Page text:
If you asked me to name one of the most-scrutinized players in Dallas Cowboys History, there is no doubt that I'm putting QB Tony Romo in the Top Two. Shoot, I would even consider putting him as number one.
While Romo-stans may disagree, growing up with the highs and lows that Romo brought to fans weekly, it feels like fans didn't appreciate him until he was gone. One of the most memorable moments was when Romo botched the snap against the Seattle Seahawks in 2007, and it felt everyone wanted to run him out of town.
Through his years, Romo was a guy who left it all on the field, showed grit in every play, and was severely underrated. Fans can point to his miscues and convince others that he was one of the most “overrated” or subpar QBS in franchise history, but you can't deny the blood, sweat, and tears he had for his team.
While he couldn't take the team to the Super Bowl (although the 2014 squad should have been in the big game, as we all know what happened with the Dez no-catch call), with Romo, there was a type of magic he had, and you always had a chance.
Although he did give me headaches with some hiccups, Romo was a guy that I loved rallying behind, and to me, he was overlooked behind many talented QBs that he competed against during his playing days.
But for now, we're not overlooking him and crowning him as the Greatest #9 in franchise history because he rightfully deserves his flowers.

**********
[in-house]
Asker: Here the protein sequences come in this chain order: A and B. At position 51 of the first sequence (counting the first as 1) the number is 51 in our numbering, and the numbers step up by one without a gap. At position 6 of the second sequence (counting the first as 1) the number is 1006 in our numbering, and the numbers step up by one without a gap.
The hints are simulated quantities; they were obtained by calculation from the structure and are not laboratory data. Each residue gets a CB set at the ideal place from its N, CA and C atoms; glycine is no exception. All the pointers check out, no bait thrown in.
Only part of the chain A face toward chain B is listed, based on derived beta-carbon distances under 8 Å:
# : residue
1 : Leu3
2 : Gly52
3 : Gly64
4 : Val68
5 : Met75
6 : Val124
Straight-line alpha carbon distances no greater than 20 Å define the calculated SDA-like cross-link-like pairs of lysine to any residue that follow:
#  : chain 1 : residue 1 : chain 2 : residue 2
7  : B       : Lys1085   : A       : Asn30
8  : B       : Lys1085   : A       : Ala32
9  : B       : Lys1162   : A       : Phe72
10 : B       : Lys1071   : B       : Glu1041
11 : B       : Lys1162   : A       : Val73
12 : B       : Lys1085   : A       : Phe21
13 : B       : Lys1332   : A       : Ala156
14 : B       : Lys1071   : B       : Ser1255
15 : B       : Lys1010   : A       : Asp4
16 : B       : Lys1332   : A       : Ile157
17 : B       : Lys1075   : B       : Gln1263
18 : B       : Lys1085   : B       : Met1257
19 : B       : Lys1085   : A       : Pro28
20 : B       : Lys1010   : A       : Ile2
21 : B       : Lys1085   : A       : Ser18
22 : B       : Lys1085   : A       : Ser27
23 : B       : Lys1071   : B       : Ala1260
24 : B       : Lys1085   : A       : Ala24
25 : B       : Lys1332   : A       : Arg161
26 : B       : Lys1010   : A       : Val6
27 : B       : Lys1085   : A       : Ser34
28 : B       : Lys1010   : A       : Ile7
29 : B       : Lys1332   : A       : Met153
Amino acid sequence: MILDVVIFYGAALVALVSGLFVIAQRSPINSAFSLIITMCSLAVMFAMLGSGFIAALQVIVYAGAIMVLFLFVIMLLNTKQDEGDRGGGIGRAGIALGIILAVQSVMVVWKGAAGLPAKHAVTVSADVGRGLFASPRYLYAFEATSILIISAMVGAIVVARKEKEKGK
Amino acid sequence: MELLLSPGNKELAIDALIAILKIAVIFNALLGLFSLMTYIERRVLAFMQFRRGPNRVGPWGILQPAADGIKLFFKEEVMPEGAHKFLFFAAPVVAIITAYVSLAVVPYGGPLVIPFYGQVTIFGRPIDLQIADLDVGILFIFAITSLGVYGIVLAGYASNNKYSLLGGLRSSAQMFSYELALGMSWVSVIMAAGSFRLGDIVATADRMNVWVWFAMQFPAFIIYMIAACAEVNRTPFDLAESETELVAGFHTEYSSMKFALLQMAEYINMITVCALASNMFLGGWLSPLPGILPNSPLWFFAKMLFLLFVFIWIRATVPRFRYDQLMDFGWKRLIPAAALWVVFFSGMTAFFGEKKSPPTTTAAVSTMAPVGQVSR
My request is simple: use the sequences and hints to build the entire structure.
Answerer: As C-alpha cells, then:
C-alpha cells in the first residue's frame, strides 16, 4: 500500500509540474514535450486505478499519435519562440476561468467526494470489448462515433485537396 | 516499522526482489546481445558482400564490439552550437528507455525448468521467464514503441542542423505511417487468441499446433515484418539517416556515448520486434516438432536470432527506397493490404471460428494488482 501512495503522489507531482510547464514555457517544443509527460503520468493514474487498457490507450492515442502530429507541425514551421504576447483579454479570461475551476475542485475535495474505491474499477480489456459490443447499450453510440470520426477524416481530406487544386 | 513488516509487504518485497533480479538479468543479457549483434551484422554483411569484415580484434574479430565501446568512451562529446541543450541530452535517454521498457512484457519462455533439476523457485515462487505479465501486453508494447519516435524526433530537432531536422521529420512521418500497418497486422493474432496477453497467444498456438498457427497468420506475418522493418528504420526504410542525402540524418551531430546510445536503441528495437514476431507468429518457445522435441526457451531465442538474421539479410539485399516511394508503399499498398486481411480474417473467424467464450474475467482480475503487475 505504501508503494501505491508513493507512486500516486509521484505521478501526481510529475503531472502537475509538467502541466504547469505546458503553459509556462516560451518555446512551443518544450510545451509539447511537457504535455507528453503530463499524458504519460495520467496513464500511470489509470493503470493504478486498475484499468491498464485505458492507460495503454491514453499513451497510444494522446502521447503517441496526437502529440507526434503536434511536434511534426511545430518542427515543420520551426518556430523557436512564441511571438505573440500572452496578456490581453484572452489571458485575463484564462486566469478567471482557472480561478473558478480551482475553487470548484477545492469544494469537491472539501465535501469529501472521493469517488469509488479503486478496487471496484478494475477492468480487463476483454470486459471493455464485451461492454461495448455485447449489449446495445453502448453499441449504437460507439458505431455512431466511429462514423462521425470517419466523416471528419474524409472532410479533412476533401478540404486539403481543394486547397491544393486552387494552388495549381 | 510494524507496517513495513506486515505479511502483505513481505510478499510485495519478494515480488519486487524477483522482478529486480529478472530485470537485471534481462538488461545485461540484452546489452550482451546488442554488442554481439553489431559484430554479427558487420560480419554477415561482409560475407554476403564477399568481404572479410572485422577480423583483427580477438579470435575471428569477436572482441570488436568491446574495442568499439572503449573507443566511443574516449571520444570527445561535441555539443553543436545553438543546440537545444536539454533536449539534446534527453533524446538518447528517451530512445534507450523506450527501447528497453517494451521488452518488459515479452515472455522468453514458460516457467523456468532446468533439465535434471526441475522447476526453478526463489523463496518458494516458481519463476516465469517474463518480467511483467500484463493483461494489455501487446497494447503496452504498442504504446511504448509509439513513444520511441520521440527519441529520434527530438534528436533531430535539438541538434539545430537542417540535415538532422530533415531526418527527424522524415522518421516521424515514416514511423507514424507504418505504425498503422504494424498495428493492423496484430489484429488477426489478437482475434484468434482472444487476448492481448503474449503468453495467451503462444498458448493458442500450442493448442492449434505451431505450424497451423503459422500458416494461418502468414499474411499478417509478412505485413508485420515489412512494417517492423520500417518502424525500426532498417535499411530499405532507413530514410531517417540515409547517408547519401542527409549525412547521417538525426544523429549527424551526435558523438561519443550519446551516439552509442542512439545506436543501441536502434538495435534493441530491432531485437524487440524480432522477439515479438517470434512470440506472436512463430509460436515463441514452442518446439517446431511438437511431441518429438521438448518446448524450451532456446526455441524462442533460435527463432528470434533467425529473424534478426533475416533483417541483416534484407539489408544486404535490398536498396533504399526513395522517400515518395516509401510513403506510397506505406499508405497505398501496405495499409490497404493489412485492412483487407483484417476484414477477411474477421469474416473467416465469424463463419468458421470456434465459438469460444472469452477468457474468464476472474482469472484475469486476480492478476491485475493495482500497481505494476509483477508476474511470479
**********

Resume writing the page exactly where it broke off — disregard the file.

Let's take a trip down memory lane, and look at his career below.
He's already a fan favorite.
Tony Romo's Football Career
If there was one thing that Dallas Cowboys are known for, it's turning undrafted free agents into franchise legends. And with Romo, he was one of many that fitted the bill.
After a highly-efficient career at Eastern Illinois, which earned him the Walter Payton Award, Ohio Valley Conference Player of the Year (3x), OVC Player of the Year (3x), and All-American Honors (3x), Romo had his sights on the NFL.
But after going undrafted in 2003, his NFL career wouldn't begin until the 2006 season. And from there, he would be the face of the franchise for over a decade.
As mentioned, Romo was a guy who you would idolize for his miraculous throws and his “Houdini-like” plays that he would perform weekly, but then make that crucial turnover that made you want to pull your hair out.
If you had to ask me what my favorite play was, it's easily this one below because everything is going wrong for Romo, and what does he do?
Makes. A. Play.
Tony Romo was a magician for the @dallascowboys 💨 🎩
(via @nflthrowback) pic.twitter.com/yvc0gr95wN
(Shoot, most fans already do, as they complain about QB Dak Prescott constantly. You know who you all are.)
All jokes aside, Romo was a guy that gave you hope. No matter the odds, he poured his effort onto the field, and it was an adventure living with him at QB. Also, to see him thriving as a color commentator for CBS Sports and hearing his unique insight makes my heart happy.
For the stat-junkies who are curious what records Romo potentially holds, I got you with some of them below:
- Career-passing yards leader (34,183)
- Passing TDs leader (248)
- Games with at least 3 TDs (40)
- Most 4th-Quarter Comebacks/ GW Drives (28)
- 97.1 Passer Rating (9th All-Time)
Congratulations to Mr. Romo, as he's the Greatest #9 in franchise history. Be on the lookout for Sunday's piece that crowns another iconic Cowboys QB as the Greatest #8.